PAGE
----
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Version Control with Subversion
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Version Control with Subversion - Copying Changes Between Branches - Tracking Merges Manually

Tracking Merges Manually

Merging changes sounds simple enough, but in practice it can become a headache. The problem is that if you repeatedly merge changes from one branch to another, you might accidentally merge the same change twice . When this happens, sometimes things will work fine. When patching a file, Subversion typically notices if the file already has the change, and does nothing. But if the already-existing change has been modified in any way, you'll get a conflict.

Ideally, your version control system should prevent the double-application of changes to a branch. It should automatically remember which changes a branch has already received, and be able to list them for you. It should use this information to help automate merges as much as possible.

Unfortunately, Subversion is not such a system. Like CVS, Subversion does not yet record any information about merge operations. When you commit local modifications, the repository has no idea whether those changes came from running svn merge , or from just hand-editing the files.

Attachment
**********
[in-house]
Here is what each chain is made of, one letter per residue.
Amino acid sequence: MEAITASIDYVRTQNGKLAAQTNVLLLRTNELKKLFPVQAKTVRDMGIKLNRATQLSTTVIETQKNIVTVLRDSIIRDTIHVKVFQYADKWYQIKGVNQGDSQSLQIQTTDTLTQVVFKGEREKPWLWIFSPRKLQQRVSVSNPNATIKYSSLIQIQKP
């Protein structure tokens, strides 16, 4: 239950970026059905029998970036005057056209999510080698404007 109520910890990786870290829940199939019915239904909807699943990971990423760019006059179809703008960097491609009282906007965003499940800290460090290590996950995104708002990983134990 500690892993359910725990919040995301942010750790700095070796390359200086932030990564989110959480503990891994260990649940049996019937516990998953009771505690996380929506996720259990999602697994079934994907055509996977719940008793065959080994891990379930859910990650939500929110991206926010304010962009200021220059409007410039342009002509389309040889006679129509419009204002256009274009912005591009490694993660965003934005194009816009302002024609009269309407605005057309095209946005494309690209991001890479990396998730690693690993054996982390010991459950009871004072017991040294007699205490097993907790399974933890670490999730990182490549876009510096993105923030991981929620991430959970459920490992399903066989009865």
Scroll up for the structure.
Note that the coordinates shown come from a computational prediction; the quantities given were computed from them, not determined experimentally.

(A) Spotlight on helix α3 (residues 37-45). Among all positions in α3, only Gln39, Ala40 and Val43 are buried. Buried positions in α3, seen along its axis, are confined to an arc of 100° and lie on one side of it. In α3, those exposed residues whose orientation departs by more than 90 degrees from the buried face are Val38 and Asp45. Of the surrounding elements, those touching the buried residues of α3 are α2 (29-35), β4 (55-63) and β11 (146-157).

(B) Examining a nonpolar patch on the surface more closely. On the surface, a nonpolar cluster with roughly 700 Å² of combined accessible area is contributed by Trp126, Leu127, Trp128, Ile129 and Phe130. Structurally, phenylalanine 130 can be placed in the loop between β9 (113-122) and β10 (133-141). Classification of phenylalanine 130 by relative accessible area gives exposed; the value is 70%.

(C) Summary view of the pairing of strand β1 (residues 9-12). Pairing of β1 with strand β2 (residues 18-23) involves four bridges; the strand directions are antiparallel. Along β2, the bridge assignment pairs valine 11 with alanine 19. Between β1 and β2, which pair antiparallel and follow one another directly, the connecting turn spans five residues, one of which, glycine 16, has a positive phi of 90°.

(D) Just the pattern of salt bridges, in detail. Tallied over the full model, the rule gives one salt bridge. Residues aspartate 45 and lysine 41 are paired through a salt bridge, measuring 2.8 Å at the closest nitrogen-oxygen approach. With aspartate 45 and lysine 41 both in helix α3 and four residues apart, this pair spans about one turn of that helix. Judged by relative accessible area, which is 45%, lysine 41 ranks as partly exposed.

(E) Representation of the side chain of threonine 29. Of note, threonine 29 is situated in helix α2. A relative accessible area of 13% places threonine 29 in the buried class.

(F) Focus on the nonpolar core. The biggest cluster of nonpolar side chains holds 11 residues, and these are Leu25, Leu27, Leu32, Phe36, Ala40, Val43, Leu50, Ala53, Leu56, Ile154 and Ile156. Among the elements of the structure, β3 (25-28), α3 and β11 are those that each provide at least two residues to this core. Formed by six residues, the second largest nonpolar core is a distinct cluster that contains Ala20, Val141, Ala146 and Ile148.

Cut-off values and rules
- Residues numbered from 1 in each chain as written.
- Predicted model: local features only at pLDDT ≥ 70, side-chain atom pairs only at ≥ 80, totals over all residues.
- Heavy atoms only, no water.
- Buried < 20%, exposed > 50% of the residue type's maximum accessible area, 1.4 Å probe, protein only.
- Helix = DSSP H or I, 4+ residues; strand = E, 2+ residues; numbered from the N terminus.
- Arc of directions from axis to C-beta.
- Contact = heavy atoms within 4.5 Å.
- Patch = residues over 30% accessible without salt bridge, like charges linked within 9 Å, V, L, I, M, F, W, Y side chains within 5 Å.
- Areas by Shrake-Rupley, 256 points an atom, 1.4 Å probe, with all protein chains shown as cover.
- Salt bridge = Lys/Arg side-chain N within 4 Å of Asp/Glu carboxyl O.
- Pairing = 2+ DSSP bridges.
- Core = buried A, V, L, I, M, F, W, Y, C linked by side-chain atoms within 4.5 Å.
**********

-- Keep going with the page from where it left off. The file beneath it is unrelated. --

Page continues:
What does this mean to you, the user? It means that until the day Subversion grows this feature, you'll have to track merge information yourself. The best place to do this is in the commit log-message. As demonstrated in the earlier example, it's recommended that your log-message mention a specific revision number (or range of revisions) that are being merged into your branch. Later on, you can run svn log to review which changes your branch already contains. This will allow you to carefully construct a subsequent svn merge command that won't be redundant with previously ported changes.

In the next section, we'll show some examples of this technique in action.


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Version Control with Subversion
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